We seek information on his adolescence and early adulthood.
In July 1723, David was twenty-eight when he married a much older Ariaantie Coeymans at the Albany Dutch church. Their marriage was childless as his bride was more than fifty at the time of the wedding.
David appears to have lived with his new (but older) wife in the Coeymans home on what became known as the "Coeymans Patent" located about ten miles south of Albany. He also seems to have been the business associate of his newly married but also childless brother-in-law, Samuel Coeymans.
David Verplanck (then age 48) lost his wife when seventy-one-year-old Ariaantie Coeymans died in 1743. Any inheritance of Coeymans property is uncertain. However, Verplanck did own land within the city of Albany.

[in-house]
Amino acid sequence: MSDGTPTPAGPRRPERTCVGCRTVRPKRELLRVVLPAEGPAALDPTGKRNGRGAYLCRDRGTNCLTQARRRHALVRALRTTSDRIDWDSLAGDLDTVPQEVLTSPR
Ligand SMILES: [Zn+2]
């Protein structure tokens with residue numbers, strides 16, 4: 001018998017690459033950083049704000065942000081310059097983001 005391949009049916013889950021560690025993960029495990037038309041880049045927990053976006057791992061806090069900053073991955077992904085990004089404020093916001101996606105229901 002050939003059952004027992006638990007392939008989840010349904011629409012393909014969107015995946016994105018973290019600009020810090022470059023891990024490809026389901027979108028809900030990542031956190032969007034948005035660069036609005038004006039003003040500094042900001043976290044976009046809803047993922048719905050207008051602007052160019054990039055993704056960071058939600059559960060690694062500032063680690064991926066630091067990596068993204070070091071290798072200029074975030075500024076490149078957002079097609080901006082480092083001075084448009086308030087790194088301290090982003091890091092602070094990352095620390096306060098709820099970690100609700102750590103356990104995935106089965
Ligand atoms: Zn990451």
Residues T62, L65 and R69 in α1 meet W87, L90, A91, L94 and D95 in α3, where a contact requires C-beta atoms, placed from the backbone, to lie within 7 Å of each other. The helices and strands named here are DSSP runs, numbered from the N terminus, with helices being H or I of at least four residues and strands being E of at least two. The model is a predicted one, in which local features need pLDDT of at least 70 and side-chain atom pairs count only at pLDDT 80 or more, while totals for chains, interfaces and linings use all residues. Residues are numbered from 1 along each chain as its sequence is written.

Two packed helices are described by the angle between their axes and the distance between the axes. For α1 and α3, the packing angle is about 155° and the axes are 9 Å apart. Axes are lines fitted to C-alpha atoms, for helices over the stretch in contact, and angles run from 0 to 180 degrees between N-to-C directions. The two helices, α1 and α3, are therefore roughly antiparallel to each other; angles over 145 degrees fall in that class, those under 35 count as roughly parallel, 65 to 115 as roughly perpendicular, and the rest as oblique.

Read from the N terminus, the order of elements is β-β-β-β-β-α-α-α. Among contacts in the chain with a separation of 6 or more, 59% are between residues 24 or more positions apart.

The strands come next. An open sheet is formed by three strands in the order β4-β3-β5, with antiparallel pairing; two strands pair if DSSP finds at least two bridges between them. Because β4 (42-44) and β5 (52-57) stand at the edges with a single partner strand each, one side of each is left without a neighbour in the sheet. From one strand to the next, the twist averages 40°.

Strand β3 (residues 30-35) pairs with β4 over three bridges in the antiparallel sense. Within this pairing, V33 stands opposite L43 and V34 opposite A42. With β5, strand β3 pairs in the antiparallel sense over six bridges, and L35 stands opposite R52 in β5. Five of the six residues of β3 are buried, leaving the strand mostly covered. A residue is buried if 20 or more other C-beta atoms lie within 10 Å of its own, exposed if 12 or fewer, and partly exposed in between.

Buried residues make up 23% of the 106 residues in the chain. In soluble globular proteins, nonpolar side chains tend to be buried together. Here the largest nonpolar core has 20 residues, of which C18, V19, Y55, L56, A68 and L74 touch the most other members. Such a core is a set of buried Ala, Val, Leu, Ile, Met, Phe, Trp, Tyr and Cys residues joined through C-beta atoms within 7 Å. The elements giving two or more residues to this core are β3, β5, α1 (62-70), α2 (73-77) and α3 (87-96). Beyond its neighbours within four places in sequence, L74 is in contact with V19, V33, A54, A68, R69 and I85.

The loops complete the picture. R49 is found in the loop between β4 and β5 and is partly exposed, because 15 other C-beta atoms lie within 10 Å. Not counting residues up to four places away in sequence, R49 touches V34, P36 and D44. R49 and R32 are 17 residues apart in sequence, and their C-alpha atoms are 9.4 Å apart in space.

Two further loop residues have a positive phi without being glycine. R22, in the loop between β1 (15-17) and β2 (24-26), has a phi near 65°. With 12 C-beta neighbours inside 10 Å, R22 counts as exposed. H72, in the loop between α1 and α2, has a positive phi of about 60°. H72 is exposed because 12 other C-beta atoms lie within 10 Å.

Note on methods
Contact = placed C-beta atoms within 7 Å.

By the early 1750s, he had re-married (perhaps twice). In November 1752, he wed area native "Catharina Boon" at the Albany Dutch church. Those marriages produced at least the four children he named in 1762. The eldest daughter of the final marriage was christened "Ariaantie."
In June 1754, David witnessed the will of his late wife's brother. That document also referenced Verplanck's land within the Coeymans Patent.
Calling himself a resident of "Beeren Island," David Verplanck filed a will in March 1762. It named no spouse but divided his assets among the four children. He was dead by April 1763 when the will passed probate.
Sources: The life of David Verplanck is CAP biography number 7078. This sketch is derived chiefly from family and community-based resources.
first posted: 3/25/11